In this work we report on the low-temperature crystalline VOx deposition in a hollow cathode plasma reactor featuring in situ ellipsomteric monitoring, in which we utilized TEMAV and O2 plasma as the metal precursor and co-reactant, respectively. The parameters used for the plasma ALD experiments are 0.1 s of TEMAV pulse with 10 sccm of N2-carrier flow, 50 sccm Ar-purge for 10 sec, 50 sccm O2 plasma for 10 s, plasma power 50W-300W and finally another 10 s of Ar purge. In addition, the TEMAV precursor cylinder and line is heated at 110 °C to provide sufficient amount of precursor vapor into the growth chamber. We found a maximum growth per cycle (GPC) of 1.1 Å from in situ ellipsometry measurements. The x-ray diffraction (XRD) measurements revealed crystalline V2O5 phase for the as-deposited films and the ex situ ellipsometry showed a refractive index of 2.45. The next step is to anneal the as-grown films to achieve VO2 and to do temperature-dependent electrical and structural characterization of the VO2 samples to confirm the MIT character of the films. View Supplemental Document (pdf)
AF10-37 Combined Fabrication and Testing System for Atomic Layer Deposition Microchannel Plates
Anil Mane, Jeffrey Elam (Argonne National Laboratory, USA)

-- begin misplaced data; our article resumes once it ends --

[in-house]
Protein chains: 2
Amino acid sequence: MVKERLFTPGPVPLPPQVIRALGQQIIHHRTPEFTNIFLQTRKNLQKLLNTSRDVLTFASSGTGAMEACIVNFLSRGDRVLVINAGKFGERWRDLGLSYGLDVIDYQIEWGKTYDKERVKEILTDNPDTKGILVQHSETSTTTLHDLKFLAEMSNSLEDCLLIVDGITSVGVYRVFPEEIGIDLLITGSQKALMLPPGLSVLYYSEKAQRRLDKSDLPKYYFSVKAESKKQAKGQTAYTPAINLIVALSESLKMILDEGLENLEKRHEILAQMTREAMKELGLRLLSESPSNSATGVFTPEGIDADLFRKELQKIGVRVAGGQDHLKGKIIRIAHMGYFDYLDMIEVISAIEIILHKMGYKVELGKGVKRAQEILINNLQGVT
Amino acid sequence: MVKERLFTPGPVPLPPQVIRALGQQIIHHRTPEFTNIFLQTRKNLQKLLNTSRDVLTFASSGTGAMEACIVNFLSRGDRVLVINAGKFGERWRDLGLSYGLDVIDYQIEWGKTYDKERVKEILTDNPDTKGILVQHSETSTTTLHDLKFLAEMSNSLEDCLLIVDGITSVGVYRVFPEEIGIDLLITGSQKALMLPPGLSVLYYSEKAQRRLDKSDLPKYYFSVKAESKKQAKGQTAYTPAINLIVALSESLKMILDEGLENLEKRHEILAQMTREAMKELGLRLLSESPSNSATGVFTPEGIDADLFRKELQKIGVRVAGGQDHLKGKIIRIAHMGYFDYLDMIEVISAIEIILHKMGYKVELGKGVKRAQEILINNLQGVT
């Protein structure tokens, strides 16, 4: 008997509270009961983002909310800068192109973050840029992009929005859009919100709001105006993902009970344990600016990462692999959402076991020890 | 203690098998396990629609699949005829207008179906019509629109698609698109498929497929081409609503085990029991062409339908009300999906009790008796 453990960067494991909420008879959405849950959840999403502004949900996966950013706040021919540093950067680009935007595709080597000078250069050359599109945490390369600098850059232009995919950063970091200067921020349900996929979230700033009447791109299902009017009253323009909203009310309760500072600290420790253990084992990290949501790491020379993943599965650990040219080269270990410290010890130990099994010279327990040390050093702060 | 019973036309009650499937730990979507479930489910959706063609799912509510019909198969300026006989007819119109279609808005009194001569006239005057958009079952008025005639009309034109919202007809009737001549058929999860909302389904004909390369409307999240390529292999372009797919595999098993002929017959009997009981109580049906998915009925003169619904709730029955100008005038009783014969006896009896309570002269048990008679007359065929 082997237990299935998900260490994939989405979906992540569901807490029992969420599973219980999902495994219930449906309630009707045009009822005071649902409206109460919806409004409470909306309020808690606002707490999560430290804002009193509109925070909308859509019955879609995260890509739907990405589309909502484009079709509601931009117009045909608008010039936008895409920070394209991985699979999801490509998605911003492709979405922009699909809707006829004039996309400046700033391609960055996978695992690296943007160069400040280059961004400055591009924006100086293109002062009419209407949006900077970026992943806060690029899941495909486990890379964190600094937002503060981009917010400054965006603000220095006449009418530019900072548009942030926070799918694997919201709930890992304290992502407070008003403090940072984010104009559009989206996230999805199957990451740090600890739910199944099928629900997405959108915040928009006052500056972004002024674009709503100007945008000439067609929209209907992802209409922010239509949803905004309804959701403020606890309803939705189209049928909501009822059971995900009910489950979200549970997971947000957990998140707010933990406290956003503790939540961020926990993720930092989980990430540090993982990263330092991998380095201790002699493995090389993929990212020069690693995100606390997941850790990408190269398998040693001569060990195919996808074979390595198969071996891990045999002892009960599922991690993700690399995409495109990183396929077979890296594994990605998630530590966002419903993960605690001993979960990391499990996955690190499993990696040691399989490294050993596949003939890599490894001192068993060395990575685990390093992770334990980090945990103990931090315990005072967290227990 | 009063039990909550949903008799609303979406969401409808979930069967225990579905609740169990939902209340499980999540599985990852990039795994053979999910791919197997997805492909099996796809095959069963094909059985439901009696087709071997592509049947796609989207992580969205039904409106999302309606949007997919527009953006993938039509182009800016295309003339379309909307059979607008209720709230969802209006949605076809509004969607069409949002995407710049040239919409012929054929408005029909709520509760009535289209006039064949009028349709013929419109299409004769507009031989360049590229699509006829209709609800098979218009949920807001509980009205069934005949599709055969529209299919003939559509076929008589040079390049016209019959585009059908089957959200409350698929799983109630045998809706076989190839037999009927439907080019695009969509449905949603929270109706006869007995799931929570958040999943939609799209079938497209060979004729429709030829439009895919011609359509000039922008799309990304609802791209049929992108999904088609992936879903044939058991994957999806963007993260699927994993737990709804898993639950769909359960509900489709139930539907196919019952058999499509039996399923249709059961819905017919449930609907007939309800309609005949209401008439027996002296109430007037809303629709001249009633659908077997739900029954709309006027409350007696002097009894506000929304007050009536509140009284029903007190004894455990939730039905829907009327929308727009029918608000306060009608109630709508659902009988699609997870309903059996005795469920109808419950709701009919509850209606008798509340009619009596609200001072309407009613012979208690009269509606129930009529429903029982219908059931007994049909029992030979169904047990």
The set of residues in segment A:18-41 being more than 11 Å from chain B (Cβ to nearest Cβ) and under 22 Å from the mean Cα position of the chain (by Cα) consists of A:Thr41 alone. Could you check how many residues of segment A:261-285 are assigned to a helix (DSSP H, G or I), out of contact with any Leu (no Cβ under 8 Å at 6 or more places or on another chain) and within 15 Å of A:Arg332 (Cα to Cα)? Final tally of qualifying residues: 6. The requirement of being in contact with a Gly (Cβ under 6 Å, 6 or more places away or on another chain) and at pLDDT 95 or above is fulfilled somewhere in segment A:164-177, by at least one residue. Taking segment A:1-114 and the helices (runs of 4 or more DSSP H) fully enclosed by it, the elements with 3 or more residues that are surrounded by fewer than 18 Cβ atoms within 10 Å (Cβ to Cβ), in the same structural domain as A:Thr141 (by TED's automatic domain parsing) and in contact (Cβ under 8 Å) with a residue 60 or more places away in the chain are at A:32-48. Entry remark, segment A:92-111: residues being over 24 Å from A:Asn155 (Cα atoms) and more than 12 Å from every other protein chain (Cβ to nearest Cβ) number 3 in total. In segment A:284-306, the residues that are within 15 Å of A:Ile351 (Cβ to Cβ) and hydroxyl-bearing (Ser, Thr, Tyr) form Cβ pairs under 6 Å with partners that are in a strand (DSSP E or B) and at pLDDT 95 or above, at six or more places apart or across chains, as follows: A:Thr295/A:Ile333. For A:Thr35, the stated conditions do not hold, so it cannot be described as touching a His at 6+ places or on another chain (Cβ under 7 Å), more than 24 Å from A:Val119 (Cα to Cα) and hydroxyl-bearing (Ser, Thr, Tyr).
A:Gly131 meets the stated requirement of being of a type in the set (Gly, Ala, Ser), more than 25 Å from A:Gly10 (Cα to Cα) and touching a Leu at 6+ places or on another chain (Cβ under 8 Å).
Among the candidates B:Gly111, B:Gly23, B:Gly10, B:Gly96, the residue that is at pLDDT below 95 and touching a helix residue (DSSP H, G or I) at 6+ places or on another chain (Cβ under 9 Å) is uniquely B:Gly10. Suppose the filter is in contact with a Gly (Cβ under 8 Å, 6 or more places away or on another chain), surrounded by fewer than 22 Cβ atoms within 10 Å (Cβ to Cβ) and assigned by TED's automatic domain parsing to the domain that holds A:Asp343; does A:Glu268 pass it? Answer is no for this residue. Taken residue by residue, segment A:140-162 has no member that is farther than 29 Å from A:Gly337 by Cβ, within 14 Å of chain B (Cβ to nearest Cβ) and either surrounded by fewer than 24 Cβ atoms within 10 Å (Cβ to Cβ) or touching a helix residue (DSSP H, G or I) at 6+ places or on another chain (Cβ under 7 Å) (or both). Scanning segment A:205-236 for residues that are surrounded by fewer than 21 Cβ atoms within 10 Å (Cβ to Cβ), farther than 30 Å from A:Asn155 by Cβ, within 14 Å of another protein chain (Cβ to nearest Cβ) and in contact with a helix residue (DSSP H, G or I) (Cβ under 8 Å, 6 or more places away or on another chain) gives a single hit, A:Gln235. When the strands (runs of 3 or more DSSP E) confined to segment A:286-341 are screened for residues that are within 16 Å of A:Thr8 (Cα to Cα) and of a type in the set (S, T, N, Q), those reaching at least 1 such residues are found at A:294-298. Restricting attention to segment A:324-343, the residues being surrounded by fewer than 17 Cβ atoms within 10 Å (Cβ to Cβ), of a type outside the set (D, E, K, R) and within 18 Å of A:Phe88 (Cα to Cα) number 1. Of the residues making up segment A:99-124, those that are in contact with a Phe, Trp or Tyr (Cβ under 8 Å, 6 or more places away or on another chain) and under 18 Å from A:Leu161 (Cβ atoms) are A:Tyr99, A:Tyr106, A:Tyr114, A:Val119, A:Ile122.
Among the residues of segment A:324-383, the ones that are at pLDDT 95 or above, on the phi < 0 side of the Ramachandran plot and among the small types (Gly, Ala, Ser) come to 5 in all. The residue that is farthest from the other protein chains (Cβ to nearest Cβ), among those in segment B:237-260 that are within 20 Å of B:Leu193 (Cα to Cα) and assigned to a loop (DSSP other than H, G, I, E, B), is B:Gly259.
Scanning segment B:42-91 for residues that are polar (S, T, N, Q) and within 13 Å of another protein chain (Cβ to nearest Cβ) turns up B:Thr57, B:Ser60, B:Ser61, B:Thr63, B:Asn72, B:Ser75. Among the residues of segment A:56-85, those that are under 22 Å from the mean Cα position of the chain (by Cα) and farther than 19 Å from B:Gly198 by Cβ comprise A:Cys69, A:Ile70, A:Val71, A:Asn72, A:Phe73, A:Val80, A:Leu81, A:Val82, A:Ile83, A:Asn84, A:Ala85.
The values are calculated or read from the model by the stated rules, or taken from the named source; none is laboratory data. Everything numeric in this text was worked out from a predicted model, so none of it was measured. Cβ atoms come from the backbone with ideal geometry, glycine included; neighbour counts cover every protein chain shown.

Microchannel plates (MCPs) are two dimensional solid-state electron multipliers consisting of a thin plate permeated with millions of parallel, micron-scale, high aspect ratio pores.Each pore acts independently to amplify electron signals incident on the front surface allowing MCPs to be utilized in imaging detectors for astronomy, high-energy physics, medical imaging (PET scanner), homeland security and the military (night vision devices).Over the last decade, we have researched and developed MCPs fabricated by depositing ALD nanostructured coatings on high aspect ratio (40-100), high porosity (>65%) glass microcapillary array (MCA) substrates. These ALD MCPs have many advantages over MCPs manufactured by conventional methods.This experience taught us that achieving uniform, precise coatings on these complex MCA substrates is challenging and time consuming. To streamline ALD MCP process development and to enable systematic studies of MCP structure and function, we constructed an integrated system which combines a viscous flow ALD reactor for coating high aspect ratio MCA substrates with a sample transfer chamber and high voltage MCP testing chamber, both of which are maintained under high vacuum. This combined system allows us to measure critical MCP metrics, such as gain and pulse height distribution, after each ALD precursor exposure to map out the MCP performance as a function of the ALD film thickness and composition.Critically, these measurements are performed without exposing the MCP to air which avoids the inadvertent formation of surface hydroxides, carbonates and other contaminants that can alter the materials properties such as the secondary electron emission (SEE) of the MCP surface.To our knowledge, this is the first integrated system combining ALD MCP fabrication and testing.Our initial tests used 33mm diameter borosilicate glass MCAs (Incom, Inc.) as MCP substrates that we first functionalized using an ALD nanocomposite tunable resistive coating.Next, we performed Al2O3 ALD using trimethyl aluminum and H2O to deposit the SEE layer and measured the current-voltage characteristics as a function of the ALD Al2O3 film thickness. We used these measurements to extract the gain and SEE values which agree with previous measurements for ALD Al2O3 thin films. We believe this new system will reduce ALD MCP process development times by a factor of 10 and may be suitable for ALD process development in vertical interconnect access (VIA) substrates (e.g. TSV, TGV and TPV) for vertically integrated semiconductor microelectronics devices.